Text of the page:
Relationship of Internet health information use with patient behavior and self-efficacy: experiences of newly diagnosed cancer patients who contact the National Cancer Institute's Cancer Information Service.

TitleRelationship of Internet health information use with patient behavior and self-efficacy: experiences of newly diagnosed cancer patients who contact the National Cancer Institute's Cancer Information Service.
Publication TypeJournal Article
Year of Publication2006
AuthorsFleisher L, Ruzek SBurt, Gordon TF, McKeown-Conn N, Moore D
JournalJ Health Commun
Volume11
Issue2
Pagination219-36
Date Published2006 Mar
ISSN1081-0730
KeywordsAdolescent, Adult, Aged, Female, Health Education, Humans, Internet, Interviews as Topic, Male, Middle Aged, National Institutes of Health (U.S.), Neoplasms, New England, Self Efficacy, United States
Abstract

This study examines the relationship of Internet health information use with patient behavior and self-efficacy among 498 newly diagnosed cancer patients. Subjects were classified by types of Internet use: direct use (used Internet health information themselves), indirect use (used information accessed by friends or family), and non-use (never accessing Internet information). Subjects were recruited from callers of the National Cancer Institute's (NCI's) Cancer Information Service, Atlantic Region. They were classified by type of Internet use at enrollment and interviewed by telephone after 8 weeks. There were significant relationships among Internet use and key study variables: subject characteristics, patient task behavior, and self-efficacy. Subjects' Internet use changed significantly from enrollment to 8 week follow-up; 19% of nonusers and indirect users moved to a higher level of Internet use. Significant relationships also were found among Internet use and perceived patient-provider relationship, question asking, and treatment compliance. Finally, Internet use was also significantly associated with self-efficacy variables (confidence in actively participating in treatment decisions, asking physicians questions, and sharing feelings of concern). The results of this study show that patients who are newly diagnosed with cancer perceive the Internet as a powerful tool, both for acquiring information and for enhancing confidence to make informed decisions.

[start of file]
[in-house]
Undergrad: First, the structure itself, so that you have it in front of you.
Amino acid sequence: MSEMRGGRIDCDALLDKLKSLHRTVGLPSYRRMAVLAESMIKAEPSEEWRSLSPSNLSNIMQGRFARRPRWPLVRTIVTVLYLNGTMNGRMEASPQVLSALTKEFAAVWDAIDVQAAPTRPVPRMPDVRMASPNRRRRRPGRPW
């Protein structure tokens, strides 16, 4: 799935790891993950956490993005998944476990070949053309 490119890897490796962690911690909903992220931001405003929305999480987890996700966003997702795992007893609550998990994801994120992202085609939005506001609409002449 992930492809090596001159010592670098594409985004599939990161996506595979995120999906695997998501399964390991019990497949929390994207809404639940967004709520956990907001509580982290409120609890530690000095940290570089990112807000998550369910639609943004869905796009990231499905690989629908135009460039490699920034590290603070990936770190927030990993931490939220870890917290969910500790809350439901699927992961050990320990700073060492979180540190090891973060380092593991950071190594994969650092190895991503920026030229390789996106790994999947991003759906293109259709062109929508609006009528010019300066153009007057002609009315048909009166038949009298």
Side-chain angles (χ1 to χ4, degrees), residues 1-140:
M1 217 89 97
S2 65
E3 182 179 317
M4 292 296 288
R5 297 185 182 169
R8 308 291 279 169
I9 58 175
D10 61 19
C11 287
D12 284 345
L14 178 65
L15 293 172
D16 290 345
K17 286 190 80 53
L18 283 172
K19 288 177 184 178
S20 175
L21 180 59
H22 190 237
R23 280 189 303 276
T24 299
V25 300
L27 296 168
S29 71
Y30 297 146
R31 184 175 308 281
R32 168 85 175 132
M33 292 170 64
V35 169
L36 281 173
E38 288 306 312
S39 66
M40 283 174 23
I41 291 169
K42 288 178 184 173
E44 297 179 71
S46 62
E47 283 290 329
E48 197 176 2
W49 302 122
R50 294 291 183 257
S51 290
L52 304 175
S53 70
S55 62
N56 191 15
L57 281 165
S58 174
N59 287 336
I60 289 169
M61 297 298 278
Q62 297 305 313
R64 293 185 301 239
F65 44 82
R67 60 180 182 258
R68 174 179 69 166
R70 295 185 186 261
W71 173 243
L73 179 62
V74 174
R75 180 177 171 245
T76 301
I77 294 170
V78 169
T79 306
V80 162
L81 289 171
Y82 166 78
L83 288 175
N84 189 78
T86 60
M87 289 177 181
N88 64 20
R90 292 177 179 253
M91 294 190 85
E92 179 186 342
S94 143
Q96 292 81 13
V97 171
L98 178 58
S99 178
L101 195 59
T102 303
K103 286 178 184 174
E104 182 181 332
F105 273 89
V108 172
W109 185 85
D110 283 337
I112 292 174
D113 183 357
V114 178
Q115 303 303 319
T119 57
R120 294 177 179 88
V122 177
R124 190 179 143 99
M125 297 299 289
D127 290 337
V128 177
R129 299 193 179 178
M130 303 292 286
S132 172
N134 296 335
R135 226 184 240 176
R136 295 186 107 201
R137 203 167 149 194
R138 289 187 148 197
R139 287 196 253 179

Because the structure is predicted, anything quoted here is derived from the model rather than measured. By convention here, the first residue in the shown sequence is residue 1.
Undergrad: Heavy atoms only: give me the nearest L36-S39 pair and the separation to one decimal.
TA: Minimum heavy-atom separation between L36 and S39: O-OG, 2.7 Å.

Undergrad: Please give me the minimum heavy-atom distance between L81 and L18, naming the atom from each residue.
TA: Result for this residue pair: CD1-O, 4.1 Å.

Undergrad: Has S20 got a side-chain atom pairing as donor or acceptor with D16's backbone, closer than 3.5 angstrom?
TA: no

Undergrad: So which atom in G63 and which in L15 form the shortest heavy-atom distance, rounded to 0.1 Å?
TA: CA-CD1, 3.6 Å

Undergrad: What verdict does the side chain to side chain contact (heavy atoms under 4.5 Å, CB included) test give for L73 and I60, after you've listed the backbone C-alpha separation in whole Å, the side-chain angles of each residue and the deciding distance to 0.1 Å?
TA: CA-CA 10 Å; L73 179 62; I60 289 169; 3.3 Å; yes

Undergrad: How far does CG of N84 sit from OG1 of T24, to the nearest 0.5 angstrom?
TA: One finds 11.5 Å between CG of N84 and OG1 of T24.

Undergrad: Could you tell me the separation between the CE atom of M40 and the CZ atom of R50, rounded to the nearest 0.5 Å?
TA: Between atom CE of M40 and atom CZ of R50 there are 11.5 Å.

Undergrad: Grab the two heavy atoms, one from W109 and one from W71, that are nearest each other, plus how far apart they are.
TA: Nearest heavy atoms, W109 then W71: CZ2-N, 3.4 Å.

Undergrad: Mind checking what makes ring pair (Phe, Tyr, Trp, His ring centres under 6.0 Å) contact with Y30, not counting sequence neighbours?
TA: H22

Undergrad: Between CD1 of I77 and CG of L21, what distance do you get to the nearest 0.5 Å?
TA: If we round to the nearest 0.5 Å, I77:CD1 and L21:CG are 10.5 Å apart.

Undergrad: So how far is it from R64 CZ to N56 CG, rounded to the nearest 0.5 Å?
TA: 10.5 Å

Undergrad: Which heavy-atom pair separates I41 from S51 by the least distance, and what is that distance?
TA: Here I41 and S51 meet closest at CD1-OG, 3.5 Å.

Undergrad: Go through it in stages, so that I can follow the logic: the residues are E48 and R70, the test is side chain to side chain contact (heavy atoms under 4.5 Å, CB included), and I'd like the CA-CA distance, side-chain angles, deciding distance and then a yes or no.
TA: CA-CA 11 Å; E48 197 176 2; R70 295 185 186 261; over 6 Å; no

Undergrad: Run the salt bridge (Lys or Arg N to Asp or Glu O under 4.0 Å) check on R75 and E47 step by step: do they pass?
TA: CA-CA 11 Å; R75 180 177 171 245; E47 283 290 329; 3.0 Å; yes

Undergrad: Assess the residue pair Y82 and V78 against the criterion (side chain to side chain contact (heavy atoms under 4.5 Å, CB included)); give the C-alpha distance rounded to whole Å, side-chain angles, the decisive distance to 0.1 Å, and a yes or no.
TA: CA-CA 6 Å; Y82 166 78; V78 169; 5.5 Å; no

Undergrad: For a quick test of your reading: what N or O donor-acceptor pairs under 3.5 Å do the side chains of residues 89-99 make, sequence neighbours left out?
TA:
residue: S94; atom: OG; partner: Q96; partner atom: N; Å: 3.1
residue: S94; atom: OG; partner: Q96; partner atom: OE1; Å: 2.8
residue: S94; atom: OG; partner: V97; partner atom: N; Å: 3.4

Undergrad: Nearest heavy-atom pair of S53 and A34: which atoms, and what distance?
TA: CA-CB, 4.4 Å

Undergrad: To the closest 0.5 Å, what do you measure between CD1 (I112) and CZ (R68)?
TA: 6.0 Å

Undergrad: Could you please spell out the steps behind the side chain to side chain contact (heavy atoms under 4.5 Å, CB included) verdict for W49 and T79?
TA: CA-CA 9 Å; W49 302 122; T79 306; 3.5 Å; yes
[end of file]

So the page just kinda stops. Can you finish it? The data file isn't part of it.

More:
DOI10.1080/10810730500526794
Alternate JournalJ Health Commun
PubMed ID16537289
Grant List1 R03 CA90145-01 / CA / NCI NIH HHS / United States